1. How did you get into debt?
It started when I turned 18 and I was about to head off to university. My bank gave me a student credit card with a fairly low limit of just £200 ($339.231). I bought a house whilst I was at university so I had a lot more living expenses that the usual rent, food and phone bills - I had to kit out an entire house. Then when I took a part time job with Marks and Spencer Money, I was given another credit card, this time with a £1,500($2,544.11) ( limit. It just spiraled from there. I'd love to say that I at least spent it on having an extravagant lifestyle, but that's not the case. I used credit cards for living costs whilst at university, and then I graduated in to the recession and couldn't find a job, but still had a mortgage to pay.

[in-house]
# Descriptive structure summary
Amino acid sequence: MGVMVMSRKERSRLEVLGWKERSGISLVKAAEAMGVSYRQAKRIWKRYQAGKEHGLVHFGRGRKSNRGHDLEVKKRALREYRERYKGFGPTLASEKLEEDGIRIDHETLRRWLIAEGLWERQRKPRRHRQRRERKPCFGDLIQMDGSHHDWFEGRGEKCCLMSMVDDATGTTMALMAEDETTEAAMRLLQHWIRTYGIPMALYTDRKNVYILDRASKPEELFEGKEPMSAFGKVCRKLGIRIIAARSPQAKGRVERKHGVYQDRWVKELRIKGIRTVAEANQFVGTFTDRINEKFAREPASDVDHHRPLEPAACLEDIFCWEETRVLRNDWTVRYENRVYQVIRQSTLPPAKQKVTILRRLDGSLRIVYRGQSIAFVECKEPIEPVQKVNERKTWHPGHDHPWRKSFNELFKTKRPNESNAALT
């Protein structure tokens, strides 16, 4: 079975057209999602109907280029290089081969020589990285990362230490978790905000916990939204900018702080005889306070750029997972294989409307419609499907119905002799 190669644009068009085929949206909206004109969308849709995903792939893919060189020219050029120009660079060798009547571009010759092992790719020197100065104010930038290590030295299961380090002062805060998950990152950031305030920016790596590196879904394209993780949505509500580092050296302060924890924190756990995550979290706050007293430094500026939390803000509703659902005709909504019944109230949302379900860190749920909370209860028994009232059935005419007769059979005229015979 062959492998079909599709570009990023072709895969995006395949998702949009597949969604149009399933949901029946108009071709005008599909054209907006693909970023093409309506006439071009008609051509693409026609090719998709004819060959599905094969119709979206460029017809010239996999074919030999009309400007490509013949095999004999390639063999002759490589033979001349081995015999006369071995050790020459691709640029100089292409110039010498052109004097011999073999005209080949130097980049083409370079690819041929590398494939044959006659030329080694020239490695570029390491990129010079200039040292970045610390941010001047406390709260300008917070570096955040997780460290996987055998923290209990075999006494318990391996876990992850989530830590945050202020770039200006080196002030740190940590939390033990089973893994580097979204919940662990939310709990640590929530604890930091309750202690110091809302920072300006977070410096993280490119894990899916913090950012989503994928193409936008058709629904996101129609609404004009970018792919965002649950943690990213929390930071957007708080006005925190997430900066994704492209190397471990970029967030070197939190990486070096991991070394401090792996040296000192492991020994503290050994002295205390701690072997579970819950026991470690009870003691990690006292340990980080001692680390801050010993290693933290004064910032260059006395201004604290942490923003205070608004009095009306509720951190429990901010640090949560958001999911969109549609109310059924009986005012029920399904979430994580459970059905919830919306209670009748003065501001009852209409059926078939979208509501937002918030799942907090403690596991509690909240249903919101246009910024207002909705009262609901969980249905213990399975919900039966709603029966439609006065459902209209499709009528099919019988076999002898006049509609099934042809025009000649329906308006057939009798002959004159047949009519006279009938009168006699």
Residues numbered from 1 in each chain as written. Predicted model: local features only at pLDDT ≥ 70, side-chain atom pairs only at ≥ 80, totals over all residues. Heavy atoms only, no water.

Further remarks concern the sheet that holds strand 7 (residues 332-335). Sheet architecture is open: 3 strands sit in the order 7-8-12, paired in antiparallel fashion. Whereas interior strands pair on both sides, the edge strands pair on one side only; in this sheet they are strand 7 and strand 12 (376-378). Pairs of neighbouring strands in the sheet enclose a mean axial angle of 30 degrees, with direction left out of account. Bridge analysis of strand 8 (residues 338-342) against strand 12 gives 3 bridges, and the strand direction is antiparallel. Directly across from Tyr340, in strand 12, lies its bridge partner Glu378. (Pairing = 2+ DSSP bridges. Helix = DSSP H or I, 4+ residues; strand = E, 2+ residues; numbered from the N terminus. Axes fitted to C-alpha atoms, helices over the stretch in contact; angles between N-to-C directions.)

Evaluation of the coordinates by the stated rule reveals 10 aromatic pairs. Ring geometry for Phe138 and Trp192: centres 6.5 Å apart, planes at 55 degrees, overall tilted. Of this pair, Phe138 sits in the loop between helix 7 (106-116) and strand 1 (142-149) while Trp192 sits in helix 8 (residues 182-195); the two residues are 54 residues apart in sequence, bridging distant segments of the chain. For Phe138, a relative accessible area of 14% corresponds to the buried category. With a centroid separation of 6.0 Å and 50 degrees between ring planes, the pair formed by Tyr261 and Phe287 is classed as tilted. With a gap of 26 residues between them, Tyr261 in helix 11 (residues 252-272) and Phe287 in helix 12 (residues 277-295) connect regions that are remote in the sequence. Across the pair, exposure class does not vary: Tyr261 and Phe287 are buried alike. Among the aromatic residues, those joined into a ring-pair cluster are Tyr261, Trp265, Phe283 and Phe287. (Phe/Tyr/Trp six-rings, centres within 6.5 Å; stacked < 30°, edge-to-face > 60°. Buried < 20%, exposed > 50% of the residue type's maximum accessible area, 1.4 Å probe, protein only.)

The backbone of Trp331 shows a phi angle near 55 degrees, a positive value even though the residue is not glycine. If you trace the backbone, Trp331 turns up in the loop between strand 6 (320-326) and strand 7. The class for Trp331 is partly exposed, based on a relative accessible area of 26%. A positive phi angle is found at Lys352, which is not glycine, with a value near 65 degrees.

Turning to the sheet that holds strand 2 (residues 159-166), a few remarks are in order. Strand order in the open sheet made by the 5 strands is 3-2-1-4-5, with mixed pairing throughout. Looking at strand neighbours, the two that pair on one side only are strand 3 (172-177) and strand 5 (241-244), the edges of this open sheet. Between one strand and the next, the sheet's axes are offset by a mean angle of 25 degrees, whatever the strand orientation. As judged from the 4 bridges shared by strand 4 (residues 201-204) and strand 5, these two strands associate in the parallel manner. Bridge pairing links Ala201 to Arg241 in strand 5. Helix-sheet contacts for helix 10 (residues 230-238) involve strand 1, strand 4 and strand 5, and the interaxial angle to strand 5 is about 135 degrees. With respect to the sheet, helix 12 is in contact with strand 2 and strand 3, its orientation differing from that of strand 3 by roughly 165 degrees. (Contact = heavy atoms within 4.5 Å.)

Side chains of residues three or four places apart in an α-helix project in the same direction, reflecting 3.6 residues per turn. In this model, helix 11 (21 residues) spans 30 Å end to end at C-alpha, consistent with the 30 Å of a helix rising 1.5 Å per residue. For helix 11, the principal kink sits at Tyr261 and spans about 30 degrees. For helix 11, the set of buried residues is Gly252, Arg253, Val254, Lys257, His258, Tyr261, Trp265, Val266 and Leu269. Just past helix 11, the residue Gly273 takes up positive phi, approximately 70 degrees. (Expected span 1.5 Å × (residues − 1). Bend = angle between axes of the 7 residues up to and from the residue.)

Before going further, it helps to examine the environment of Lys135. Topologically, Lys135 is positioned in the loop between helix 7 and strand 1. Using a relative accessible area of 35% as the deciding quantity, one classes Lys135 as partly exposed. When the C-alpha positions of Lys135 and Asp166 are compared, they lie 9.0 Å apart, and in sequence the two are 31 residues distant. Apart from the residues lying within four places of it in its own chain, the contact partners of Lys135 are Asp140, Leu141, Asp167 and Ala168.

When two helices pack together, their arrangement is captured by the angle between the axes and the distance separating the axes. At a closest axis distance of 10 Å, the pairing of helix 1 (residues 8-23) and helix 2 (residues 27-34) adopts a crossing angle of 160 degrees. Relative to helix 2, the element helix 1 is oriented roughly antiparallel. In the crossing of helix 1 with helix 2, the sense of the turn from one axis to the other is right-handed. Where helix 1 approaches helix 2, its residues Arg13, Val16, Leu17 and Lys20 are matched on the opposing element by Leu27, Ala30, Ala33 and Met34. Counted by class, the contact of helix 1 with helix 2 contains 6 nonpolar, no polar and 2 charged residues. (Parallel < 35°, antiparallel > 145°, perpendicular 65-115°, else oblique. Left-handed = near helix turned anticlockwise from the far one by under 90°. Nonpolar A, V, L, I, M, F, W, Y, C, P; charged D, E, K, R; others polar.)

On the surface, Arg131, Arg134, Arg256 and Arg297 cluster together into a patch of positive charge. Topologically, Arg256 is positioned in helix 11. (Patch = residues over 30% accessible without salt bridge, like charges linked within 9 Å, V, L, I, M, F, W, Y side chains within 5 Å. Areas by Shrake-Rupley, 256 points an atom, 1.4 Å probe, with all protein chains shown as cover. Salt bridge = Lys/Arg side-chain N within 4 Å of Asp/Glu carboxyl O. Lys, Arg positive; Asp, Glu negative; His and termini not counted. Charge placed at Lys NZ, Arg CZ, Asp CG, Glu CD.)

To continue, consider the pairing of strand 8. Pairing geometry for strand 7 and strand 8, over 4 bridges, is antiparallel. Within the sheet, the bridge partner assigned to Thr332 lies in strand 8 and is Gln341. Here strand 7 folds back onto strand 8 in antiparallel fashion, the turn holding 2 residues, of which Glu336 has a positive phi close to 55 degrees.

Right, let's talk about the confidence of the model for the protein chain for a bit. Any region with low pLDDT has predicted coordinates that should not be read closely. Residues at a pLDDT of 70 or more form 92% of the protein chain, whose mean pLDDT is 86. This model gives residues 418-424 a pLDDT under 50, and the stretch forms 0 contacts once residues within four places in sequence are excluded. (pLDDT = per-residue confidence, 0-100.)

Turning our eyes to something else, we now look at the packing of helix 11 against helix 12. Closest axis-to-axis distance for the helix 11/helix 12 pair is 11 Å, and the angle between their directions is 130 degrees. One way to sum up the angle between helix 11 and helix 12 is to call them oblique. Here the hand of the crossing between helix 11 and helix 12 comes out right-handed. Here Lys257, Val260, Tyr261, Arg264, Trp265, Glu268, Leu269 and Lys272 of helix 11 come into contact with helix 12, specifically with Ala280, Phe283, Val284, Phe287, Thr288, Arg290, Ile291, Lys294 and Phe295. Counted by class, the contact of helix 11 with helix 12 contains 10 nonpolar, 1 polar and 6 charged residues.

2. How deeply in debt were you at the worst point? What did it feel like?
I was very much a "head in the sand" person, and I don't know the true extent of my debt at its worst. At the end of 2013 it was close to £5,000 ($8,480.17) still outstanding. Although I managed my debt well (it was on 0% interest and I never missed a payment) it still felt like a chain around my neck. How could I be going and enjoying meals out when I still had debts to pay off?
3. When did you decide to get out of debt and why?
When my fiancé proposed to me in November 2013, I knew our wedding would be an added expense. I was determined to make sure that I was walking down the aisle debt free. I managed to clear my debt with a year to go until we say our vows.
4. How long did it take you to get completely debt free?
I've been trying since I was 18 (over 8 years), but I made a conscious effort to pay off the last £5k ($8,480.17) in 6 months.
5. What advice would you give to someone trying to become debt free?
Don't underestimate how much a little change can help. You might think that cancelling your paid TV subscription will only save you a small amount per month, but it does all add up.